What is galvanizing action in 2013? In the current climate, firms need the competitive edge. In a mature market, law firms need to be more competitive. Mergers and bankruptcies are a reality.
As the Keynote speaker at ILTA said:
“The strategic inflection point is the time of transition of a company's competitive position that requires the company to change the current path and adapt to the new situation or risk declining profits.”
“Strategic inflection points tend to arise following a long period of unbroken success when managers can't imagine anything but continued success and the organization is most vulnerable”
He cited examples such as Kodak cameras killed by Smartphone cameras, Borders Books killed by the Kindle, inferring that law firms need to be aware of disruptive technologies and influences and prepare accordingly. They need to demonstrate commitment to client service by doing whatever it takes to give the client better value, i.e. in this case, improve the technological competence of their associates and address the skills deficit.
The American Bar Association's own rules now state clearly that the standards for professional competency requiring attorneys to comprehend technology are rapidly rising. See this recent article: ABA Rules. Increasingly lawyers are required to do their own work and rely less on support staff.
It is a win-win situation for law firms. Trainers and CIOs have long understood that by offering a more comprehensive and flexible training programme for lawyers, they accomplish many key goals:
It will enable their firms to increase flexibility, improve the staff: lawyer ratio; reduce the circulation of documents which have been incorrectly styled and manually formatted; reduce the numbers of corrupt documents and late filings; reduce Inbox sizes and mitigate the risk of incorrectly filed documents and versioning problems etc.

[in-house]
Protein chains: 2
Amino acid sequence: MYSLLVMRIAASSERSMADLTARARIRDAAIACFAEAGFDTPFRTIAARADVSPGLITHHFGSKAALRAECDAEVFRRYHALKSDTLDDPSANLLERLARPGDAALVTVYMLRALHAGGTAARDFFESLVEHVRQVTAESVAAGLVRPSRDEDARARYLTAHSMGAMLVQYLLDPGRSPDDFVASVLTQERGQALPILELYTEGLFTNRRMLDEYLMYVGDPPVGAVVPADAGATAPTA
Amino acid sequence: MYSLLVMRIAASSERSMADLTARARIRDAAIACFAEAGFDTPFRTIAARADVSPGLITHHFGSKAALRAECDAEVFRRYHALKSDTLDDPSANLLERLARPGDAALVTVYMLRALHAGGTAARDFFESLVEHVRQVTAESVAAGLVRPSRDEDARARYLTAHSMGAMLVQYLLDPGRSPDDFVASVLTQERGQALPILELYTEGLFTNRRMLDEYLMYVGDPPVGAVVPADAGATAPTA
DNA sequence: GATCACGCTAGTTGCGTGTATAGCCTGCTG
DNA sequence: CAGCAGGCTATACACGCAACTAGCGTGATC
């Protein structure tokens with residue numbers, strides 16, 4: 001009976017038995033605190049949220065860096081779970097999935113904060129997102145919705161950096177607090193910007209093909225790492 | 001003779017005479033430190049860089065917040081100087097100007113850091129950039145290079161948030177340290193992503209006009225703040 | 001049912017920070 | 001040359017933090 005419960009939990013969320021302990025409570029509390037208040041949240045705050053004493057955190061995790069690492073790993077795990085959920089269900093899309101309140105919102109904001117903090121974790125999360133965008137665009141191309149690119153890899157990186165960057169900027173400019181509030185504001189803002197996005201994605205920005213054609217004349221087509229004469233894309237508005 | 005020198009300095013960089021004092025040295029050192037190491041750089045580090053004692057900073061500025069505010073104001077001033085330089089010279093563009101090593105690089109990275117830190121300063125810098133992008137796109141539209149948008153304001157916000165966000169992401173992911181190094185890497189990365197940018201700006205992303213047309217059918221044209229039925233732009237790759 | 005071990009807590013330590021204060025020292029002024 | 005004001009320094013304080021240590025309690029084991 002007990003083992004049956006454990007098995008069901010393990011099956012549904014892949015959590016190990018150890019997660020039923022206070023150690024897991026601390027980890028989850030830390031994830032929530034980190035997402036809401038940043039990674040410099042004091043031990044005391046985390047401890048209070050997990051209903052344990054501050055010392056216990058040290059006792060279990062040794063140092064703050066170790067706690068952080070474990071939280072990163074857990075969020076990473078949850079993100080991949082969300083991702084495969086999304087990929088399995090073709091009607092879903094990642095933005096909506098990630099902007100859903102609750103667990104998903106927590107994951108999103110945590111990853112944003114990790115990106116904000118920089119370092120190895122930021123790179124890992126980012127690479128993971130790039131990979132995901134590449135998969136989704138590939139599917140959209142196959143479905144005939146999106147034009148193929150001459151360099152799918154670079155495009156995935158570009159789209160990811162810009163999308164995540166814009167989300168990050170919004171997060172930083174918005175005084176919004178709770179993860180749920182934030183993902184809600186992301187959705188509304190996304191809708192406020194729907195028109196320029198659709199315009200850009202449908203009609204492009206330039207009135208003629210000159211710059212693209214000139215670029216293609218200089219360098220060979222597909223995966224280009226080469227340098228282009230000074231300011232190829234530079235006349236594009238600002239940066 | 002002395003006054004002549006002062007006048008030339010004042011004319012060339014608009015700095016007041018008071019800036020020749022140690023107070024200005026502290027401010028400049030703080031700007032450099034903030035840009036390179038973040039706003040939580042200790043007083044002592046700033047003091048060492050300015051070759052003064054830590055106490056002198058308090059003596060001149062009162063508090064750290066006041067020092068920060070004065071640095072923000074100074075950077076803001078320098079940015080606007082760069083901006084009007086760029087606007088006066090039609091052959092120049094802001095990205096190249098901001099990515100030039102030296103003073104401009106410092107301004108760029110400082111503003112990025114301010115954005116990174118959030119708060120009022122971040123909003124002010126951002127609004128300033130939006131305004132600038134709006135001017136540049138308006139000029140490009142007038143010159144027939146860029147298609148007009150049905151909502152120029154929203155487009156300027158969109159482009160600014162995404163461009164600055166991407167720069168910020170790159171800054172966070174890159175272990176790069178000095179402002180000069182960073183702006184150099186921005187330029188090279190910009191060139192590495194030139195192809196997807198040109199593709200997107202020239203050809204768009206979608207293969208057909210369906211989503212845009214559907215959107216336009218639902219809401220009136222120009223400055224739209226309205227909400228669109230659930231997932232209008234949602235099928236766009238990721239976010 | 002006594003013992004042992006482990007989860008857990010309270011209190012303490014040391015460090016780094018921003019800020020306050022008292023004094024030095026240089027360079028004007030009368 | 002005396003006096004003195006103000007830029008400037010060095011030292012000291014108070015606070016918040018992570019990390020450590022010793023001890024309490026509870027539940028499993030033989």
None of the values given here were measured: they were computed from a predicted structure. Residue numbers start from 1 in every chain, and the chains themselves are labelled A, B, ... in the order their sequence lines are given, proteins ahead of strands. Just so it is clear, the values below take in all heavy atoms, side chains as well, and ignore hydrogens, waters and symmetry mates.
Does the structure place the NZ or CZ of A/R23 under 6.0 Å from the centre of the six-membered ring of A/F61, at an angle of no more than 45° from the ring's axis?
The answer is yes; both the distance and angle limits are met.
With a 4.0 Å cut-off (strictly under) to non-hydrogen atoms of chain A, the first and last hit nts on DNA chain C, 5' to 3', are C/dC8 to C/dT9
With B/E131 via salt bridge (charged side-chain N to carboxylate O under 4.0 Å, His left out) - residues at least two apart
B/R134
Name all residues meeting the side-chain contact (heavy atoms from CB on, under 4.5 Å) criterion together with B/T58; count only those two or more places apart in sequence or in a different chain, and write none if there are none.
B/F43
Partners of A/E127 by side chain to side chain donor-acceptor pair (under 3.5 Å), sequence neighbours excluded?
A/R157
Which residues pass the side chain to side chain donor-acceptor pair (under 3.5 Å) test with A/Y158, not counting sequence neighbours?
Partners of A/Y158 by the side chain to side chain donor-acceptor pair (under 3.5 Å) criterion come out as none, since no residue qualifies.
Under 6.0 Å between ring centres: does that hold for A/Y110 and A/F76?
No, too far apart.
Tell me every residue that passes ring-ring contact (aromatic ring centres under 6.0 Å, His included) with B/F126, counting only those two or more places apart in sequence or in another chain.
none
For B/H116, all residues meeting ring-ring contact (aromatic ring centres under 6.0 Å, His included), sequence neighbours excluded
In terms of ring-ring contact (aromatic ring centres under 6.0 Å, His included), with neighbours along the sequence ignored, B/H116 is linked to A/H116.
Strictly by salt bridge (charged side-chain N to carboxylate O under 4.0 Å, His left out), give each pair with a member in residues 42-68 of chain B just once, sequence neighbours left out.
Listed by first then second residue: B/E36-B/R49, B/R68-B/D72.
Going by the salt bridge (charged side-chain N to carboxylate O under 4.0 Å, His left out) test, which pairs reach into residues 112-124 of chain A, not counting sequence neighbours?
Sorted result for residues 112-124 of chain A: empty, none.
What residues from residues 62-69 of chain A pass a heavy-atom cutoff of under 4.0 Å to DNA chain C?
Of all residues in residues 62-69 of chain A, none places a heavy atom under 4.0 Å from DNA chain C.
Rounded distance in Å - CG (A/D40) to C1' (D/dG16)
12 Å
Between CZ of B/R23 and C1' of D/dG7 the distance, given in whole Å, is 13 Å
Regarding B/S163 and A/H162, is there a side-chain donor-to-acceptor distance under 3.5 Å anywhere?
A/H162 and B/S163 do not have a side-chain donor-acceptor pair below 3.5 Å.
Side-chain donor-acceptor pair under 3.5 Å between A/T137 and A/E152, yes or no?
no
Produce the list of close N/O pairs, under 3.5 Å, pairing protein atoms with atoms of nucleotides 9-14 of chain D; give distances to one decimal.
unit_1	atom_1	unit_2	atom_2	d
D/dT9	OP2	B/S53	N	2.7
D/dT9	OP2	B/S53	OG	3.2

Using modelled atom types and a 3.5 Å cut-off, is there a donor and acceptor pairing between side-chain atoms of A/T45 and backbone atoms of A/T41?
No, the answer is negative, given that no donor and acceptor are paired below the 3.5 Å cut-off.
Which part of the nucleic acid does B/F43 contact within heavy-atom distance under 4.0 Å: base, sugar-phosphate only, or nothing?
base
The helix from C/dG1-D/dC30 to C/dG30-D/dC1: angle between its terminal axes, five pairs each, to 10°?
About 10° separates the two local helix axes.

Trainers and IT Departments always struggled to make the training happen because of competition from the billable hour. Now, however, the game has changed.
The Audit is being released to Corporate Counsel who are entitled to use it to audit any of their potential outside counsel. The subsequent interest in up-skilling lawyers is warmly welcomed by IT staff who have long argued for higher levels of lawyer skills.
This tipping point has occurred at the same time as great improvements in training delivery methods which make it easier to deliver lawyer training.
Training no longer needs to be just hours in the classroom covering lists of functions and features. Blended Learning delivery methods such as webinars, coaching, on-line learning, context-sensitive just-in-time support, personal training streamlining tools and Learning Management Systems all facilitate absorption of skills in a more flexible way.
Now trainers are being encouraged to understand how lawyers work and provide training in context, which mirrors their workflows and makes the information more relevant and easier to put in practice. This Goal-Based Learning approach means that the time lawyers spend in training, via whatever delivery method, is better spent and the skills acquired can be instantly put to work for better client service. The more the training reflects how lawyers work, the more likely it is to earn CPD/CLE points, which is another win-win situation for the firm as it is another incentive for lawyers to take the training.